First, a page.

A Tree Grows in Brooklyn

A Tree Grows in Brooklyn

by

Betty Smith

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The owner of a Brooklyn bar carrying his name, which Johnny frequents. He is a lonely man, and when Johnny dies, McGarrity quietly forgives his thirty-eight-dollar debt. McGarrity had liked Johnny because he was a good talker and storyteller. When he visits Katie to offer her financial help and her children jobs in his saloon, he also finds that he enjoys conversation with her. An Irish immigrant, McGarrity is married to a woman named Mae and has two children: Irene, who is Francie’s age, and a ten-year-old son named Jim. Both of his children are disappointments to him. He later sells his bar and moves away to a large place on Hempstead Turnpike near Long Island. Anticipating Prohibition, he stocks his basement with liquor. His intention is to open a speakeasy called The Club Mae-Marie, where his wife, Mae, will wear an evening dress and be the club’s hostess.
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Jim McGarrity Character Timeline in A Tree Grows in Brooklyn

The timeline below shows where the character Jim McGarrity appears in A Tree Grows in Brooklyn. The colored dots and icons indicate which themes are associated with that appearance.
Chapter 3
Poverty and Perseverance Theme Icon
Romanticism vs. Pragmatism Theme Icon
...talking about how Johnny takes his wages home to Katie but spends his tips at McGarrity’s bar. Francie was hurt to hear this, but she figured that the short man and... (full context)
Chapter 27
Poverty and Perseverance Theme Icon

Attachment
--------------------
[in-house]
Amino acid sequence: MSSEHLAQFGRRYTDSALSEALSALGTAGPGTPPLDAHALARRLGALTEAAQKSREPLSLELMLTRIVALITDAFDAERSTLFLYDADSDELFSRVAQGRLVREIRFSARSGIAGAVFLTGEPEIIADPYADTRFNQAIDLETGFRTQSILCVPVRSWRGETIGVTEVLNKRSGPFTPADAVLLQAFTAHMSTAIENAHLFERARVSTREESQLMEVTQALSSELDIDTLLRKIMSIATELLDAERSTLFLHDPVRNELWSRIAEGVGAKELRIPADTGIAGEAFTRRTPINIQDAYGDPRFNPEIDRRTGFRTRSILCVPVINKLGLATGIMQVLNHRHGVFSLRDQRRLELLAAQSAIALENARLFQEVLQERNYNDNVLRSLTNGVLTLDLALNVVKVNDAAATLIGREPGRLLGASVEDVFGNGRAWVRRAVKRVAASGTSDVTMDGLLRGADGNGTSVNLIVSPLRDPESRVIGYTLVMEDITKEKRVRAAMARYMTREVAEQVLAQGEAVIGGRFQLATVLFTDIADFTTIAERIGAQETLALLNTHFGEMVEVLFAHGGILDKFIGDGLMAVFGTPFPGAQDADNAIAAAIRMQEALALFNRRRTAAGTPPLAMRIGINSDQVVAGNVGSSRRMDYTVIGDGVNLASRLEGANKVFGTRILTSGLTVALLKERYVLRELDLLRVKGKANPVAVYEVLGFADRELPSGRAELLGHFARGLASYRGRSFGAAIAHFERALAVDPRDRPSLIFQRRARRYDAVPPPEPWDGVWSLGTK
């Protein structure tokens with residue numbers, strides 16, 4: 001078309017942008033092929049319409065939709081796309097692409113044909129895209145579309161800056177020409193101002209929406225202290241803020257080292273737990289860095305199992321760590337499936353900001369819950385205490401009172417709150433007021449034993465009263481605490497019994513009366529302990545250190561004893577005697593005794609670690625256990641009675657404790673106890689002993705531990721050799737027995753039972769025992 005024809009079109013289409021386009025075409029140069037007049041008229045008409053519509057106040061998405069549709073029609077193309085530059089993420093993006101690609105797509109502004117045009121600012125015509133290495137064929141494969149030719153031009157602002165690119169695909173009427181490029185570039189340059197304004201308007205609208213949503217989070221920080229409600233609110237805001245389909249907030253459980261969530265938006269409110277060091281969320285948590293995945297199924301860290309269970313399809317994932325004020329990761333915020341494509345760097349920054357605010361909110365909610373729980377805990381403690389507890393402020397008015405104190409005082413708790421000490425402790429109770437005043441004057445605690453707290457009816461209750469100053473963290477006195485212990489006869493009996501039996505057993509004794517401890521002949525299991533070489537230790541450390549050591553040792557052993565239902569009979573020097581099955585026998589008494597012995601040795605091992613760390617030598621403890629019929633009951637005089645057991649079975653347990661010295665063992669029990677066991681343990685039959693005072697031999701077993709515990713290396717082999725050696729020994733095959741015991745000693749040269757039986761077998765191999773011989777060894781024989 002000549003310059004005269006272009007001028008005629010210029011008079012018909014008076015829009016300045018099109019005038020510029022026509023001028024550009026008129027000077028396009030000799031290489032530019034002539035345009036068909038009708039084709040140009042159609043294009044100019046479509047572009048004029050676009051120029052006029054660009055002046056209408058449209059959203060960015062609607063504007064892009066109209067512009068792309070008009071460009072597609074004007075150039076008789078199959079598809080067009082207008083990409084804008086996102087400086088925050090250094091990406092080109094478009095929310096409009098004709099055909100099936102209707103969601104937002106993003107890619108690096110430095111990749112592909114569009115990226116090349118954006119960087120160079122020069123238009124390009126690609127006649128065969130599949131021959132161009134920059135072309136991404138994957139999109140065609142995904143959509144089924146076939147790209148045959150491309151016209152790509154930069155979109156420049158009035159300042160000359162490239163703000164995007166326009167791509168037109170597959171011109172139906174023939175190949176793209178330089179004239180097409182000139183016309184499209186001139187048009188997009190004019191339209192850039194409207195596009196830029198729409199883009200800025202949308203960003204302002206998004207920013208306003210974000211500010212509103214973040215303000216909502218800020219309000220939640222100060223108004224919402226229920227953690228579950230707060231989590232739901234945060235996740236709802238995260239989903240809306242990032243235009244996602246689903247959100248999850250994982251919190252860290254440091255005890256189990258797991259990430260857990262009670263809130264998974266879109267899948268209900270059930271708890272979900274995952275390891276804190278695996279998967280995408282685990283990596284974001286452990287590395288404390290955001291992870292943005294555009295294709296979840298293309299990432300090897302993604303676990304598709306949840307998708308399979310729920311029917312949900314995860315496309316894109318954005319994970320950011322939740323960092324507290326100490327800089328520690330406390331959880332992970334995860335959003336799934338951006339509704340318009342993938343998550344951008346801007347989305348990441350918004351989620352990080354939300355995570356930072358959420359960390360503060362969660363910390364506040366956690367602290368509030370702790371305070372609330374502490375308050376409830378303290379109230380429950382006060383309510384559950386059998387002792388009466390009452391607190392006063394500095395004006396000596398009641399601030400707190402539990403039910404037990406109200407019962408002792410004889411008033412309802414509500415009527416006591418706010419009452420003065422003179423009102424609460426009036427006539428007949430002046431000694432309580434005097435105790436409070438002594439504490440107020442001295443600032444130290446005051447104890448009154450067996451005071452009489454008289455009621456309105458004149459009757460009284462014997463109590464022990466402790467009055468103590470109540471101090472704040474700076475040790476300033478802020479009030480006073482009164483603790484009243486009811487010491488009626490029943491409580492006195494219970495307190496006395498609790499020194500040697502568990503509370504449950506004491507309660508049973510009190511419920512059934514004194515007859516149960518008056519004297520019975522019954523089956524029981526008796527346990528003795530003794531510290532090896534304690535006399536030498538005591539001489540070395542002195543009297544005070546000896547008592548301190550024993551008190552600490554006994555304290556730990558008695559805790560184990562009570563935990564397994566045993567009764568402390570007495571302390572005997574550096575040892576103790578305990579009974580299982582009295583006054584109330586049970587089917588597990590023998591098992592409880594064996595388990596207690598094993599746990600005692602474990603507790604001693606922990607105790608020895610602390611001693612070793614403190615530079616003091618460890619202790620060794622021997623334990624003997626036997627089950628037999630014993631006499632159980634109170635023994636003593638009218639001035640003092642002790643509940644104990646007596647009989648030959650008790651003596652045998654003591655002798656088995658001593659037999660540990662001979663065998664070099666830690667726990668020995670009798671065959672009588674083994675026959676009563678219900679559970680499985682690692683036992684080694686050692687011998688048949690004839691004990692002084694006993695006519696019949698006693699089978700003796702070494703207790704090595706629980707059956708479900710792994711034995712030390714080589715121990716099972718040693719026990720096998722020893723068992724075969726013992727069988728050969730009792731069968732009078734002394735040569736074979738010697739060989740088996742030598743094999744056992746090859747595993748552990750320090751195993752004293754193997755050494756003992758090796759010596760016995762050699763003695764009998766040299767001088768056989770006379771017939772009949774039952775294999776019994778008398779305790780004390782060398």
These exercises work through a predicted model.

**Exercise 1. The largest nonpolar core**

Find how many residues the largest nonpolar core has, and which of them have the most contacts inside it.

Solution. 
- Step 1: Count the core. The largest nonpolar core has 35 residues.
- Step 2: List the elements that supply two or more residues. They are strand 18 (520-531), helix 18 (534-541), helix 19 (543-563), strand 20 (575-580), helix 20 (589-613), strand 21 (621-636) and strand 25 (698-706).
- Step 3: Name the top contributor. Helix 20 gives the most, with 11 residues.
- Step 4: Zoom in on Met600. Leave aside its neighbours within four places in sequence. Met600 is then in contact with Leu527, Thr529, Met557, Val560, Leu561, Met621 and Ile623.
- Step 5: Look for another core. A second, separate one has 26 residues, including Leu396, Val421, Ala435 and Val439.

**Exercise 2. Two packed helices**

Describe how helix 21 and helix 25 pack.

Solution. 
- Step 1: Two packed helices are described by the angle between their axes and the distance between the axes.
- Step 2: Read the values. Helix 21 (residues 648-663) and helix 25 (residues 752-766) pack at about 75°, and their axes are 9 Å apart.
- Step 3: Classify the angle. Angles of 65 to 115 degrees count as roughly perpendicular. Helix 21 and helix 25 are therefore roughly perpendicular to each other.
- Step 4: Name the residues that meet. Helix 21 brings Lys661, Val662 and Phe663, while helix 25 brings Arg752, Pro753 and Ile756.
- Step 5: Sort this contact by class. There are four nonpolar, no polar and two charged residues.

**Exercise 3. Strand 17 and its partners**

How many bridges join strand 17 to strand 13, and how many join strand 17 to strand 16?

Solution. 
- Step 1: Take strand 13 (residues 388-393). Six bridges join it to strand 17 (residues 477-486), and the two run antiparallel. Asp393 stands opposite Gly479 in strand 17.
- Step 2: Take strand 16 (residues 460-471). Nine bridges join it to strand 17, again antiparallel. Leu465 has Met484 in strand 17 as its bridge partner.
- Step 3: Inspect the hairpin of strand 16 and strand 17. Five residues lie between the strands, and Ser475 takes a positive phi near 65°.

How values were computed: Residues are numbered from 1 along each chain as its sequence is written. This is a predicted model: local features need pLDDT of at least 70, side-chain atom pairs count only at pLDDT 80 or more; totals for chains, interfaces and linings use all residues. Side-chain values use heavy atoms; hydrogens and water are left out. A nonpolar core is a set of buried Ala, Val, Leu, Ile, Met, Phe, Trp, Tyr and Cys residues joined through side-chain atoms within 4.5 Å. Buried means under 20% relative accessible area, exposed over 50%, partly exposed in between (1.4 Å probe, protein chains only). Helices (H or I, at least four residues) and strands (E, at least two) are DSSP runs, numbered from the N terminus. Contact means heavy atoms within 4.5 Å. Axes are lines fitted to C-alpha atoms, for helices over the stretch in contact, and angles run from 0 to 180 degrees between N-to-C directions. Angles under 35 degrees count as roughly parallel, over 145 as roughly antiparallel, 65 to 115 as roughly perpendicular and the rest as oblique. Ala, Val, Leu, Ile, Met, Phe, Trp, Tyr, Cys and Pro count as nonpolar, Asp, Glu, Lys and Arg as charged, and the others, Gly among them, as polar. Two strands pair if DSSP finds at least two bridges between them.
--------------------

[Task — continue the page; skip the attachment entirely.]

Education and the American Dream Theme Icon
...knows that money would not exactly make her children better. She thinks of how the McGarrity children have money but are selfish and mean toward other children. She thinks of Miss... (full context)
Chapter 33
Gender, Sexuality, and Vulnerability Theme Icon
...Katie tells him to stop and go to get his father. Neeley finds Johnny at McGarrity’s. When he hears Neeley’s story, he drops his glass and runs out with him. When... (full context)
Chapter 36
Poverty and Perseverance Theme Icon
Jim McGarrity, the saloon keeper, sends over a wreath of artificial laurel leaves. Aunt Evy tells Katie... (full context)
Chapter 38
Poverty and Perseverance Theme Icon
Education and the American Dream Theme Icon
...and graduate. One day, she gets lucky when she decides to pay a visit to McGarrity’s to thank him for the wreath. Jim McGarrity misses Johnny, particularly his storytelling. Later, he... (full context)
Poverty and Perseverance Theme Icon
Gender, Sexuality, and Vulnerability Theme Icon
...is ecstatic to hear the offer. However, she lets the children decide and they agree. McGarrity then offers to pay the first week’s salary in advance, but Katie refuses the money.... (full context)
Poverty and Perseverance Theme Icon
Gender, Sexuality, and Vulnerability Theme Icon
Francie is glad for the job at McGarrity’s; it keeps her from missing Johnny. After school, Francie and Neeley go to church for... (full context)
Gender, Sexuality, and Vulnerability Theme Icon
Class and Snobbery Theme Icon
Mae McGarrity goes up and offers Francie something to eat. Francie lies and says that she isn’t... (full context)
Chapter 41
Gender, Sexuality, and Vulnerability Theme Icon
Jim McGarrity doesn’t fire Francie and Neeley as planned because his business is booming in the spring... (full context)
Chapter 56
Poverty and Perseverance Theme Icon
Romanticism vs. Pragmatism Theme Icon
...looks “little and shabby” to her now, but she still loves it. She also passes McGarrity’s saloon, though Jim McGarrity no longer owns it. Anticipating Prohibition, he and Mae move to... (full context)